The next day, they secured a helicopter out of Whitehorse and flew directly to Dragon Lake. Thurmer's heart sank when he saw Ollie's cabin.

A view of Dragon Lake, where Ollie and his cousin Rebecca Johnny were headed before they ran into trouble. (Submitted by Josh Barichello)

"It was quite evident that when we landed, no one had been there in days. You know, there was six inches of fresh snow, the cabin door was completely blown in.

"So then we thought, OK, they never made it." 

'Every wood we could find'

Down the trail, huddled in the other small cabin, Ollie and Johnny were doing what they could to stay warm and keep their strength up.   

They had little dry firewood on hand, and no saw, so they used an axe to cut green trees — and tried not to smoke themselves out. One of the cabin's wooden beds was hacked up to feed the fire.

"We looked for every wood we could find," Ollie said. 

They ate what little they had — some eggs, potatoes and onions. Ollie shot a grouse and they made broth. They drank NeoCitran to keep warm, he said.

Ollie saw a moose one day, across a beaver pond, but he felt too weak to shoot it and skin it and get it back to the cabin. He also didn't trust the ice on the beaver pond. 

When it was Johnny's 24th birthday, they spent the day dreaming about food.

"We just sat there and talked about pineapples and oranges and that," Ollie said.

Searching the area

Leaving Dragon Lake, the rescue team decided to search the whole area from the chopper.

"I was just going off my knowledge of, you know, every cabin that I've been to along the road, and every area that Tyrell mentioned to me that he might be trapping out of," Thurmer said.

Partway back to Ross River, they saw them — two figures standing on the trail below.

"We saw them waving," Thurmer said. "I was quite relieved."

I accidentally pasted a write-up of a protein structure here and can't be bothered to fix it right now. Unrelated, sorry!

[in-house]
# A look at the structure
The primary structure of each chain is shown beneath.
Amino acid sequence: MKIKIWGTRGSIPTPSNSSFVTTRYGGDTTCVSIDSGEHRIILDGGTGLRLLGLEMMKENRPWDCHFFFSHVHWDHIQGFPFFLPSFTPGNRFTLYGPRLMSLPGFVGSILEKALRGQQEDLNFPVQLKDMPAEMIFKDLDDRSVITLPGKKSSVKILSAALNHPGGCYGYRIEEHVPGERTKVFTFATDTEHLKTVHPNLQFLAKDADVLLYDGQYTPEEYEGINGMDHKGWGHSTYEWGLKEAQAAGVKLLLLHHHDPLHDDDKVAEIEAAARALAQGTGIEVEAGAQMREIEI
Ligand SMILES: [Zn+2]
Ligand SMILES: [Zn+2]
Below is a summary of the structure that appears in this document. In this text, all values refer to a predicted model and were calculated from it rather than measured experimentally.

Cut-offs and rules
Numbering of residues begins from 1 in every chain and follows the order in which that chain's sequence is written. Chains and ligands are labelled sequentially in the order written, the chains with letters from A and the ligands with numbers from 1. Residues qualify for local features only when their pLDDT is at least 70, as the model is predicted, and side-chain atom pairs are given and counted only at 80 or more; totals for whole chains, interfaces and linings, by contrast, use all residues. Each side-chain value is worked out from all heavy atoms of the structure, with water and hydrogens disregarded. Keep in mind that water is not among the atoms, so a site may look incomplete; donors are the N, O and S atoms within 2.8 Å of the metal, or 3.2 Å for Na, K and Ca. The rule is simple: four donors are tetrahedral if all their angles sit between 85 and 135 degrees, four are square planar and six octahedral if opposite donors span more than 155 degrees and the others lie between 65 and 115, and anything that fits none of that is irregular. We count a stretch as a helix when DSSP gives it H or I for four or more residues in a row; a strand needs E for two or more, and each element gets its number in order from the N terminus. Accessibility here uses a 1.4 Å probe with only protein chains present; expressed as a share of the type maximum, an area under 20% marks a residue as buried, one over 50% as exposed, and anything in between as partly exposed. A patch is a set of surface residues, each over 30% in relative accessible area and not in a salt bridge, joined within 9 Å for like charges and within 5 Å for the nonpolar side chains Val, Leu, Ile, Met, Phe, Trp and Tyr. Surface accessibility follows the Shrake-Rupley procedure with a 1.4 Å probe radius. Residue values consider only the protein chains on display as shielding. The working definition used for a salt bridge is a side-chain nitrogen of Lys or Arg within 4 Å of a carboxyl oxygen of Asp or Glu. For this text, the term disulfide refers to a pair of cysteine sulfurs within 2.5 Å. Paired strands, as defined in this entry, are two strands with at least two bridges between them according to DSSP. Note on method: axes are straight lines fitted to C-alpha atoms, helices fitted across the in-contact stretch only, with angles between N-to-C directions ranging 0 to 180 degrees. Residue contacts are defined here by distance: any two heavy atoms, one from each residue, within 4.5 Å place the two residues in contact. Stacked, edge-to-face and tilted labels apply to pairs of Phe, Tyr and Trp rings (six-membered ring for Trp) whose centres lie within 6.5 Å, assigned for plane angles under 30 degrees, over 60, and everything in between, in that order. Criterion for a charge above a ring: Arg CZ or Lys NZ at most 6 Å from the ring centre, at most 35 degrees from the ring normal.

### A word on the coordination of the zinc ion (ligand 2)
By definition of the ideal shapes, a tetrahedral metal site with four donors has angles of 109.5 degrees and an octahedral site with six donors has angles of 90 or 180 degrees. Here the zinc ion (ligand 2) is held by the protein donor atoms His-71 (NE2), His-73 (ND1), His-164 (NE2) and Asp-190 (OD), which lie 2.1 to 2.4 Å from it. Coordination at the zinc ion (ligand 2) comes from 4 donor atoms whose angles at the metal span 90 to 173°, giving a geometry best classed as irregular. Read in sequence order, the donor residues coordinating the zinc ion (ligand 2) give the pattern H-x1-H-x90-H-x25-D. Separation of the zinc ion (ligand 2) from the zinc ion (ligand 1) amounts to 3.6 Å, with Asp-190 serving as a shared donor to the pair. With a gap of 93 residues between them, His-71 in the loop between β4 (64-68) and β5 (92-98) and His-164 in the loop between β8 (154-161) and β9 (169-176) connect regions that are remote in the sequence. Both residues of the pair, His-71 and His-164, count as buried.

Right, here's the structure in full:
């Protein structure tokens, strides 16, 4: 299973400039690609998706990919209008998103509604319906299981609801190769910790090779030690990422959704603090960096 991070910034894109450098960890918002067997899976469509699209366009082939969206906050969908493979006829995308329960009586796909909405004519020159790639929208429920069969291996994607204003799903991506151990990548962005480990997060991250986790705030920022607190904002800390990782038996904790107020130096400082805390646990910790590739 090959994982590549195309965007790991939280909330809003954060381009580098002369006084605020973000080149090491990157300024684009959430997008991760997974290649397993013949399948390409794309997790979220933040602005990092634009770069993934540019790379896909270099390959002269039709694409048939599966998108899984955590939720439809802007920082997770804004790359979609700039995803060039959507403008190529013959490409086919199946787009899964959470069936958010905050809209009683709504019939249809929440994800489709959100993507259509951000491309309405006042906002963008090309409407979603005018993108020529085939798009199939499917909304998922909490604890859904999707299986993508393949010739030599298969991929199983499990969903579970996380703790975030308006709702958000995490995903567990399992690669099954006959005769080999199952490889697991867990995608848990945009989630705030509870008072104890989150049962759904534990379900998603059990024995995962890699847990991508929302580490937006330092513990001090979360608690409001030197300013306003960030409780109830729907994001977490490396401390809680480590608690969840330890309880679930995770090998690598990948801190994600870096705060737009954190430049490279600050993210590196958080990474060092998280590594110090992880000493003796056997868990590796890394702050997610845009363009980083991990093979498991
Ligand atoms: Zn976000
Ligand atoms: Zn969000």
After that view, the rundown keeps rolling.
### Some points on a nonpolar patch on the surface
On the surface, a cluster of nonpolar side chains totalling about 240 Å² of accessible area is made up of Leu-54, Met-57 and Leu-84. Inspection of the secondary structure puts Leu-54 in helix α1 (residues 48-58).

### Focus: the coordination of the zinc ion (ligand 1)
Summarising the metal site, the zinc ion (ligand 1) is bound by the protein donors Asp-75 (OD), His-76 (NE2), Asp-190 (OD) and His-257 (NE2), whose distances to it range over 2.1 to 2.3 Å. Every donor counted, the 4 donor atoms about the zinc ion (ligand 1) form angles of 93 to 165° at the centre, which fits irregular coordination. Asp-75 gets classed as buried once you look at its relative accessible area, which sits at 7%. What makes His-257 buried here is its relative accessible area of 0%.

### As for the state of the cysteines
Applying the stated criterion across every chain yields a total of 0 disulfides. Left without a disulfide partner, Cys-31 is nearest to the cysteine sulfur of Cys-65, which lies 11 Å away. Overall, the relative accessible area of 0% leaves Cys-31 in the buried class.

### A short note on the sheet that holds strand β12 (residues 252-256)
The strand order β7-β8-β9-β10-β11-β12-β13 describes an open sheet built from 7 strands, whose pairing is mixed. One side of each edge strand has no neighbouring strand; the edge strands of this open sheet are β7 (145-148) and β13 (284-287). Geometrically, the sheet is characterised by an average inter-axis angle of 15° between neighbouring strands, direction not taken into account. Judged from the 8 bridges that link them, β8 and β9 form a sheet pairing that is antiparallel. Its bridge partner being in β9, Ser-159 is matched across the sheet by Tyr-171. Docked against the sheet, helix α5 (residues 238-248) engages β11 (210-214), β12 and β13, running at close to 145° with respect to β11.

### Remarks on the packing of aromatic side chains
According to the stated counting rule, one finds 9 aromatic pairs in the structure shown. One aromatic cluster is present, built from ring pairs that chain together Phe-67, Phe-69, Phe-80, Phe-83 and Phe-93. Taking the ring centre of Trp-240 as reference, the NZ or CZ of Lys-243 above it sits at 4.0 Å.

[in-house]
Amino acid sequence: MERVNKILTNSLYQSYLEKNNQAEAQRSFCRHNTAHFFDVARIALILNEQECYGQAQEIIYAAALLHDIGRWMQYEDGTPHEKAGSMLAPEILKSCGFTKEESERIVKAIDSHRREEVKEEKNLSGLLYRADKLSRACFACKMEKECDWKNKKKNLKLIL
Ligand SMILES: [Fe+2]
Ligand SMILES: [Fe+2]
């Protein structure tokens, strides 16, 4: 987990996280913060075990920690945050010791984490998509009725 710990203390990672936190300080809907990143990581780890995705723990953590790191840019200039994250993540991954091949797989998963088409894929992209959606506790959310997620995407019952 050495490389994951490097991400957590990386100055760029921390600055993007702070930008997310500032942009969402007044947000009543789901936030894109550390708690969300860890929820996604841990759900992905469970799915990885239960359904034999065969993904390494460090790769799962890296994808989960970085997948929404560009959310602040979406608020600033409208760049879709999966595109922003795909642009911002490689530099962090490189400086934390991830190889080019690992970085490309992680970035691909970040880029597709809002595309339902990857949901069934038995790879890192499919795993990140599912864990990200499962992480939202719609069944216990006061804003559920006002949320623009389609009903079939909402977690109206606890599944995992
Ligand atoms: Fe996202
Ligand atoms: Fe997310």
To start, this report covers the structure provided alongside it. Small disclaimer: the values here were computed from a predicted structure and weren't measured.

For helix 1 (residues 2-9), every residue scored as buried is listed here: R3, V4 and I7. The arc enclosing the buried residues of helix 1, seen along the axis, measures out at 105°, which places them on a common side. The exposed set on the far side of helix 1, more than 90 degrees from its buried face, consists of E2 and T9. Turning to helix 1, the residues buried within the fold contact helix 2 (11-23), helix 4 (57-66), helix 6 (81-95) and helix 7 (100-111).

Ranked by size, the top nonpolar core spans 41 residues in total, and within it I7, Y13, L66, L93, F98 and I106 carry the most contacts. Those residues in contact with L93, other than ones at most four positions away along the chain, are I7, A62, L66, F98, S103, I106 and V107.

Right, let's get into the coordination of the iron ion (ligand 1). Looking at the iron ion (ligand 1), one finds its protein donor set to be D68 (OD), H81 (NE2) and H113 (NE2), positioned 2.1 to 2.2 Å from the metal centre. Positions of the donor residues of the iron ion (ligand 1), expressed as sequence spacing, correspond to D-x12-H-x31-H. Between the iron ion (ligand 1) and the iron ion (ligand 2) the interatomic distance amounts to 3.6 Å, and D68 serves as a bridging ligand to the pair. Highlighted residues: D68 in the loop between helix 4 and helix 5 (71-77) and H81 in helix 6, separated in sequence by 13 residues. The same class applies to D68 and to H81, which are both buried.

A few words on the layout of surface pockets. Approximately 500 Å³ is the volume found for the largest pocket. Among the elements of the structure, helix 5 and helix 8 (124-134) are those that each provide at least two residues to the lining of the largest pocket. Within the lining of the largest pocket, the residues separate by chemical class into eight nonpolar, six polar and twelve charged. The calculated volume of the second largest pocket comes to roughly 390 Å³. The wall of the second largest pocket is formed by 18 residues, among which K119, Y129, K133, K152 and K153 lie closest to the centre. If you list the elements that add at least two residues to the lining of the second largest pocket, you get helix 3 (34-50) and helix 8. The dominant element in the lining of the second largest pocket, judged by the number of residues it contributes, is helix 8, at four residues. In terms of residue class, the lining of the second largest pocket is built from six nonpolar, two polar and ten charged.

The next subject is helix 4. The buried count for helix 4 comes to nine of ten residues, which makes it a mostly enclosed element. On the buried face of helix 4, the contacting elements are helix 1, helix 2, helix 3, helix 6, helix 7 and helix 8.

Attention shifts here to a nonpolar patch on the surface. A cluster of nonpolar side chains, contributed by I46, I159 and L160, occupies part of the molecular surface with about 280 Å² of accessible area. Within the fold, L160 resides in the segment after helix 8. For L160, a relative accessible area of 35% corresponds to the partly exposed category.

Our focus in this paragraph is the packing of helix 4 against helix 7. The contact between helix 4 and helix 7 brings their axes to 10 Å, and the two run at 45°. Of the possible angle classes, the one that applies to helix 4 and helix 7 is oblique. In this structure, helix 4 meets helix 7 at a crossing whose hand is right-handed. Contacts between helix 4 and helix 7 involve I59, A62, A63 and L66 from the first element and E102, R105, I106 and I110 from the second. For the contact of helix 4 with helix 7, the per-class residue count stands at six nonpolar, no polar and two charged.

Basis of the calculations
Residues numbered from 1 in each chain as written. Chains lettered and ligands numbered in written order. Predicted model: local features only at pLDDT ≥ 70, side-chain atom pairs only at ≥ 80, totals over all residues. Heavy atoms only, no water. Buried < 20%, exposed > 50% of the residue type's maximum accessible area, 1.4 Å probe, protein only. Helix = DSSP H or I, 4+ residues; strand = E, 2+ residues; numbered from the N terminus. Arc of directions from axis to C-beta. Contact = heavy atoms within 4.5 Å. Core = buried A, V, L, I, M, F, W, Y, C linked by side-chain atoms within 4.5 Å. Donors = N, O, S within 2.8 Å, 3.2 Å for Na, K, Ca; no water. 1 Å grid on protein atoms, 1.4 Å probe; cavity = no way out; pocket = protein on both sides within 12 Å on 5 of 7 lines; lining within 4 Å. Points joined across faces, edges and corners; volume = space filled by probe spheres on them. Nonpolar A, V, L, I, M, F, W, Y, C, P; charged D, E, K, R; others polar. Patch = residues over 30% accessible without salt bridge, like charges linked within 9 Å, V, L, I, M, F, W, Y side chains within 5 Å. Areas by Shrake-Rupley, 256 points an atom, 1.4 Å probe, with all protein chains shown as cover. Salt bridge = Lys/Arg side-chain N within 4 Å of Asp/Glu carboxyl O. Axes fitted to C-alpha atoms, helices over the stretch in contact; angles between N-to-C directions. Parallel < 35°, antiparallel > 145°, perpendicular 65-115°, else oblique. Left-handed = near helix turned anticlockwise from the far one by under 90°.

Ross River, Yukon. (Nancy Thomson/CBC)

Ollie and Johnny were picked up and taken back to Ross River. Ollie said they were checked out for any injuries.

"Everything was OK, it was just my big toe and my fingertips was kind of cold," he said.

Thurmer is being lauded for his rescue efforts. Yukon's chief conservation officer Gordon Hitchcock has awarded him a Chief's Commendation — Award of Merit, for "meritorious service in the face of extreme conditions."

"[Conservation officer] Thurmer's actions were directly related to the successful rescue," Hitchcock said in a statement.

Ollie is grateful for the rescue, and relieved that he and Johnny are home safe. He says he'll never head out again in such cold weather.

"I'm very happy to see family and friends. I wish this would never happen to any other person, because it's a pretty rough experience, I tell you that."

Written by Paul Tukker, with files from Nancy Thomson


To encourage thoughtful and respectful conversations, first and last names will appear with each submission to CBC/Radio-Canada's online communities (except in children and youth-oriented communities). Pseudonyms will no longer be permitted.

By submitting a comment, you accept that CBC has the right to reproduce and publish that comment in whole or in part, in any manner CBC chooses. Please note that CBC does not endorse the opinions expressed in comments. Comments on this story are moderated according to our Submission Guidelines. Comments are welcome while open. We reserve the right to close comments at any time.

Become a CBC Account Holder

Join the conversation  Create account

Already have an account?